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The poetry of the Ottoman Empire, or Ottoman Divan poetry, is little known outside modern Turkey, which forms the heartland of what was once the Ottoman Empire. It is, however, a rich and ancient poetic tradition that lasted for nearly 700 years, and one whose influence can still be felt in the modern Turkish poetic tradition.

Even in modern Turkey, however, Ottoman Divan poetry is a highly specialist subject. Much of this has to do with the fact that Divan poetry is written in Ottoman Turkish, which was written using a variant of the Arabic script and made extensive use of Arabic and Persian words, making the language vastly different from modern Turkish. In its own time, knowledge of this form of literary Turkish was largely limited to the educated classes.


The Ottoman Divan poetry tradition embraced the influence of the Persian and, to a lesser extent, Arabic literatures. As far back as the pre-Ottoman Seljuk period in the late 11th to early 14th centuries CE, this influence was already being felt: the Seljuks conducted their official business in the Persian language, rather than in Turkish, and the poetry of the Seljuk court was highly inflected with Persian.

When the Ottoman Empire arose in northwestern Anatolia, it continued this tradition. The most common poetic forms of the Ottoman court, for instance, were derived either directly from the Persian literary tradition (the gazel; the mesnevî), or indirectly through Persian from the Arabic (the kasîde). However, the decision to adopt these poetic forms wholesale led to two important further consequences:[1]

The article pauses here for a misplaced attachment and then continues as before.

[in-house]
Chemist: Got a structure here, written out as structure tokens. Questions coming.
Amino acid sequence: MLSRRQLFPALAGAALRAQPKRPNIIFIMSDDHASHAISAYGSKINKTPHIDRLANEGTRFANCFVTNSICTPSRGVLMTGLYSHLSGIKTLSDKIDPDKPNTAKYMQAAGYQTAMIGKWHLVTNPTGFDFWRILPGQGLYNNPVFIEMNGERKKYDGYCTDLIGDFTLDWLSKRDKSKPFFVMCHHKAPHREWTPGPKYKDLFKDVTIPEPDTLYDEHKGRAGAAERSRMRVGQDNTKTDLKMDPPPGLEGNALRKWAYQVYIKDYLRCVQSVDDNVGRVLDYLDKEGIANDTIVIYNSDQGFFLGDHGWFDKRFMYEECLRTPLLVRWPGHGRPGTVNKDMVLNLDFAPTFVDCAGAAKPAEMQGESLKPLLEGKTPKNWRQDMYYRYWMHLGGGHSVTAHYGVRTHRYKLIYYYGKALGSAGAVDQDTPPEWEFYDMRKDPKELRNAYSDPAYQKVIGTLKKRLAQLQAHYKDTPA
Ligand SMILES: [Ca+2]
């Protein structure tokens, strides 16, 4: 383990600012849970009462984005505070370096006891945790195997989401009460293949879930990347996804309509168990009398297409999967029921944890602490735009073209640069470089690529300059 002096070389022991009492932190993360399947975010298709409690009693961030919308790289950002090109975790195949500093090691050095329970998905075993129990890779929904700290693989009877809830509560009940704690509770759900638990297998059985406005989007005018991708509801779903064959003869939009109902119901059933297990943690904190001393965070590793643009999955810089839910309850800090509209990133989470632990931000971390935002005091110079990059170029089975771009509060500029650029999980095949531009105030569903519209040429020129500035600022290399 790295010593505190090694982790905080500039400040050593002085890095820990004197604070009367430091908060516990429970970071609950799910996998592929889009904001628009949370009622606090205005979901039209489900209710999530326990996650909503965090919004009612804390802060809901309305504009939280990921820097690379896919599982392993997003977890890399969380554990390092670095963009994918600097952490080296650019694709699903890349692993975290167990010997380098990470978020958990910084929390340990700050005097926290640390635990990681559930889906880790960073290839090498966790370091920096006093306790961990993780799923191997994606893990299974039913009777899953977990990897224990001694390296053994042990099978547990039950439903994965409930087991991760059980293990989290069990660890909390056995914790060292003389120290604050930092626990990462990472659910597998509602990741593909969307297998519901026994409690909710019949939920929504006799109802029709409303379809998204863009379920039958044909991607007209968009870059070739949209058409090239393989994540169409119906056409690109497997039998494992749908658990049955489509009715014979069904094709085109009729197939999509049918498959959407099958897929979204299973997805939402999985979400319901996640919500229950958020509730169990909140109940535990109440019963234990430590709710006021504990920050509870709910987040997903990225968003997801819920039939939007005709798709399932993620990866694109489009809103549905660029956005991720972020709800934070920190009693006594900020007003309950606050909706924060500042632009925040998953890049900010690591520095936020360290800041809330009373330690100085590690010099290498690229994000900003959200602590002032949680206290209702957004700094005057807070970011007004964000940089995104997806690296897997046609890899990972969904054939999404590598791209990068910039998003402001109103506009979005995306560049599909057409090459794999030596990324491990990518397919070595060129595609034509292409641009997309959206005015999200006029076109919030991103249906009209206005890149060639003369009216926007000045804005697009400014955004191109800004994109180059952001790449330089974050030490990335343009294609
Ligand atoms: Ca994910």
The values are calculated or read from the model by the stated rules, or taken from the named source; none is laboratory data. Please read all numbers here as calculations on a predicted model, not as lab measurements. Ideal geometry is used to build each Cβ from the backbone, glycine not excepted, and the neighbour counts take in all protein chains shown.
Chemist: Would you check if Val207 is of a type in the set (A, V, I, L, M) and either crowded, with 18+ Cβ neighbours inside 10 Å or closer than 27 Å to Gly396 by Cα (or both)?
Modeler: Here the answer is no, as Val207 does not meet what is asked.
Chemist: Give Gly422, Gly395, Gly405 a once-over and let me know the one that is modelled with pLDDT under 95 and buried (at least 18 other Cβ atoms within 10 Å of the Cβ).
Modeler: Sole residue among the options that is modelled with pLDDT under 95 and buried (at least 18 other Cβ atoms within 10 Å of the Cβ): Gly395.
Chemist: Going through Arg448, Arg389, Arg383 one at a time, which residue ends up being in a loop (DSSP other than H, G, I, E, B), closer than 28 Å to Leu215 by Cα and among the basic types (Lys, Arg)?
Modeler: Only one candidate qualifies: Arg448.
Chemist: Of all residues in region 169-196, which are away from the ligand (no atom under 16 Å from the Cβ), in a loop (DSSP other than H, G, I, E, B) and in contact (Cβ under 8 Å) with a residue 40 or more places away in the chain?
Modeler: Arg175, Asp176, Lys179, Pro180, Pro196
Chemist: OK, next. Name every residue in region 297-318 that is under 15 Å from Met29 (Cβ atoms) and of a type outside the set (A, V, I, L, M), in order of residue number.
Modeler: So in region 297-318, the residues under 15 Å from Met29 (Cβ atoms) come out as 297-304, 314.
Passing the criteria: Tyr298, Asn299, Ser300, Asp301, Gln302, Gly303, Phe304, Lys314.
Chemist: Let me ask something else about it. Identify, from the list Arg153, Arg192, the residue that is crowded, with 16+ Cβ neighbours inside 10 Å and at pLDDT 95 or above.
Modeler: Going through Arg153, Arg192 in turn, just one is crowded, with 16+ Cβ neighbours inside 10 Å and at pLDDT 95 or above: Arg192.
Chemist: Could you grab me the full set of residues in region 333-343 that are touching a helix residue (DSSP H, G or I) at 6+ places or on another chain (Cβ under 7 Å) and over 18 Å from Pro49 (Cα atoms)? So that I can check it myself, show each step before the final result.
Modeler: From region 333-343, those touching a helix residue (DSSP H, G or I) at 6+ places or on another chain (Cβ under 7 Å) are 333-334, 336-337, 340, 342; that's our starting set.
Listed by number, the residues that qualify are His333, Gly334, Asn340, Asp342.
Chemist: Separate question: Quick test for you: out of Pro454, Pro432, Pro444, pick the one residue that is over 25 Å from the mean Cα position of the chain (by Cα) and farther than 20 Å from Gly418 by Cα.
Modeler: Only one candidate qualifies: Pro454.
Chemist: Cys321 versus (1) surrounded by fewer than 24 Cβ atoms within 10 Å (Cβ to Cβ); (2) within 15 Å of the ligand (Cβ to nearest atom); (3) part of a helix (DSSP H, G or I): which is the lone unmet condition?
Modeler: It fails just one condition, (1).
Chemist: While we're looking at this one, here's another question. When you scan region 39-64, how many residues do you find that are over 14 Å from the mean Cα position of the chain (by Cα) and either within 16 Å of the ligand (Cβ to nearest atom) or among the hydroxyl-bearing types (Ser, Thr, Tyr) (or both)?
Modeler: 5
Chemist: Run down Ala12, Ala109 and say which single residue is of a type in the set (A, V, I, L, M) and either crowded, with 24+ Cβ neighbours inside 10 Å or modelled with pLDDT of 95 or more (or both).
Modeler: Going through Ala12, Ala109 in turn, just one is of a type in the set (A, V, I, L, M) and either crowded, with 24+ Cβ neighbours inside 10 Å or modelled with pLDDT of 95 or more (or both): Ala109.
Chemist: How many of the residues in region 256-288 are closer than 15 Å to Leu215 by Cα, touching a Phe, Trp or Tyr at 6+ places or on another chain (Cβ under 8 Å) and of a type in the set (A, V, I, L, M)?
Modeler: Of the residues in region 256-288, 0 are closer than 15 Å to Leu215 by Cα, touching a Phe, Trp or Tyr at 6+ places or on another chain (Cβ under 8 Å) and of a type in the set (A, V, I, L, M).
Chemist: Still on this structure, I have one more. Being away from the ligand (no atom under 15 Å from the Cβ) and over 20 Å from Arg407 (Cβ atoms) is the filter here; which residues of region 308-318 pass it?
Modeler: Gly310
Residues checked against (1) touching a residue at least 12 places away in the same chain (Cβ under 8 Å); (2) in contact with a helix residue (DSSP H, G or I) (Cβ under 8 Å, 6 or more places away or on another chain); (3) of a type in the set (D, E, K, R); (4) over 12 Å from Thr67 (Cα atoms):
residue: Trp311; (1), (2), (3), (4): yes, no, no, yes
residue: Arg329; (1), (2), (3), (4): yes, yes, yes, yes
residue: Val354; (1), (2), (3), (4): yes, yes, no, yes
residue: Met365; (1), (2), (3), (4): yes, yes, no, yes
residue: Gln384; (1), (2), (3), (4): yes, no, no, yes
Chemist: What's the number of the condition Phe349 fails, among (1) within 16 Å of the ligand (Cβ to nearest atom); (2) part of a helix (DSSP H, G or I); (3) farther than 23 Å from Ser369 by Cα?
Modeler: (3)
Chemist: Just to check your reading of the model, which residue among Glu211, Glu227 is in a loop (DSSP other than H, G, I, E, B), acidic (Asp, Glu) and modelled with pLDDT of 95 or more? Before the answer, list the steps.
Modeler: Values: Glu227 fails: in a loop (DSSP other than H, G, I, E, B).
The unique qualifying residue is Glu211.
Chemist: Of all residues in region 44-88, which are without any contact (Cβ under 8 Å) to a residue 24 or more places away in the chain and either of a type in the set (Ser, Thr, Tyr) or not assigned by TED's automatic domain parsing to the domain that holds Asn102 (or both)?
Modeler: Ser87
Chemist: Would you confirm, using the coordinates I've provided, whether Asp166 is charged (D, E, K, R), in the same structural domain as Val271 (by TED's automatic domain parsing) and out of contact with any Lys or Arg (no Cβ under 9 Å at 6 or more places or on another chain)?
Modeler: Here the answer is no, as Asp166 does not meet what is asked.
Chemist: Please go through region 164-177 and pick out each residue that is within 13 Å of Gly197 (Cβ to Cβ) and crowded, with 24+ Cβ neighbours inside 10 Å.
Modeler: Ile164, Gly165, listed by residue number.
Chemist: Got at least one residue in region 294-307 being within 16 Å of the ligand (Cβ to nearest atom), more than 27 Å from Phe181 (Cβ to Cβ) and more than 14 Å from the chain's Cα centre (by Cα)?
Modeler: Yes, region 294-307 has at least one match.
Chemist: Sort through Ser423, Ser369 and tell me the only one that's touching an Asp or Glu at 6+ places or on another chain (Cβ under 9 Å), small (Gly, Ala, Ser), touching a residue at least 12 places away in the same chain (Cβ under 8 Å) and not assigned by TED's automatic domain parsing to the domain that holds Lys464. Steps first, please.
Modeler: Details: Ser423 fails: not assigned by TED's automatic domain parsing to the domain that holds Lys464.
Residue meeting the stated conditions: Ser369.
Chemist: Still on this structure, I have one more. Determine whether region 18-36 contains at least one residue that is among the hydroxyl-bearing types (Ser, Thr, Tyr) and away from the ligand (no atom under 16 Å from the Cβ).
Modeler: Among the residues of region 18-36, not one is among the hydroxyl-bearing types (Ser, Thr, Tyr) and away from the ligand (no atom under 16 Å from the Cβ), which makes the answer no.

Out of this confluence of choices, the Ottoman Turkish language—which was always highly distinct from standard Turkish—was effectively born. This style of writing under Persian and Arabic influence came to be known as "Divan literature" (Turkish divân edebiyatı), as divân was the Ottoman Turkish word referring to the collected works of a poet.

Beginning with the Tanzimat reform period (1839–1876) of Ottoman history and continuing until the dissolution of the empire in the early 20th century, the Divan poetic tradition steadily dwindled, and more and more influence from both Turkish folk literature and European literature began to make itself felt.


Main article: Diwan (poetry)


Kaside is generally about God, religious or government leaders and their values. Most famous poets are Ahmed Paşa, Necati, Bâkî, Nedîm, most importantly Nef'i.


See also


  1. ^ Tanpınar, 2–3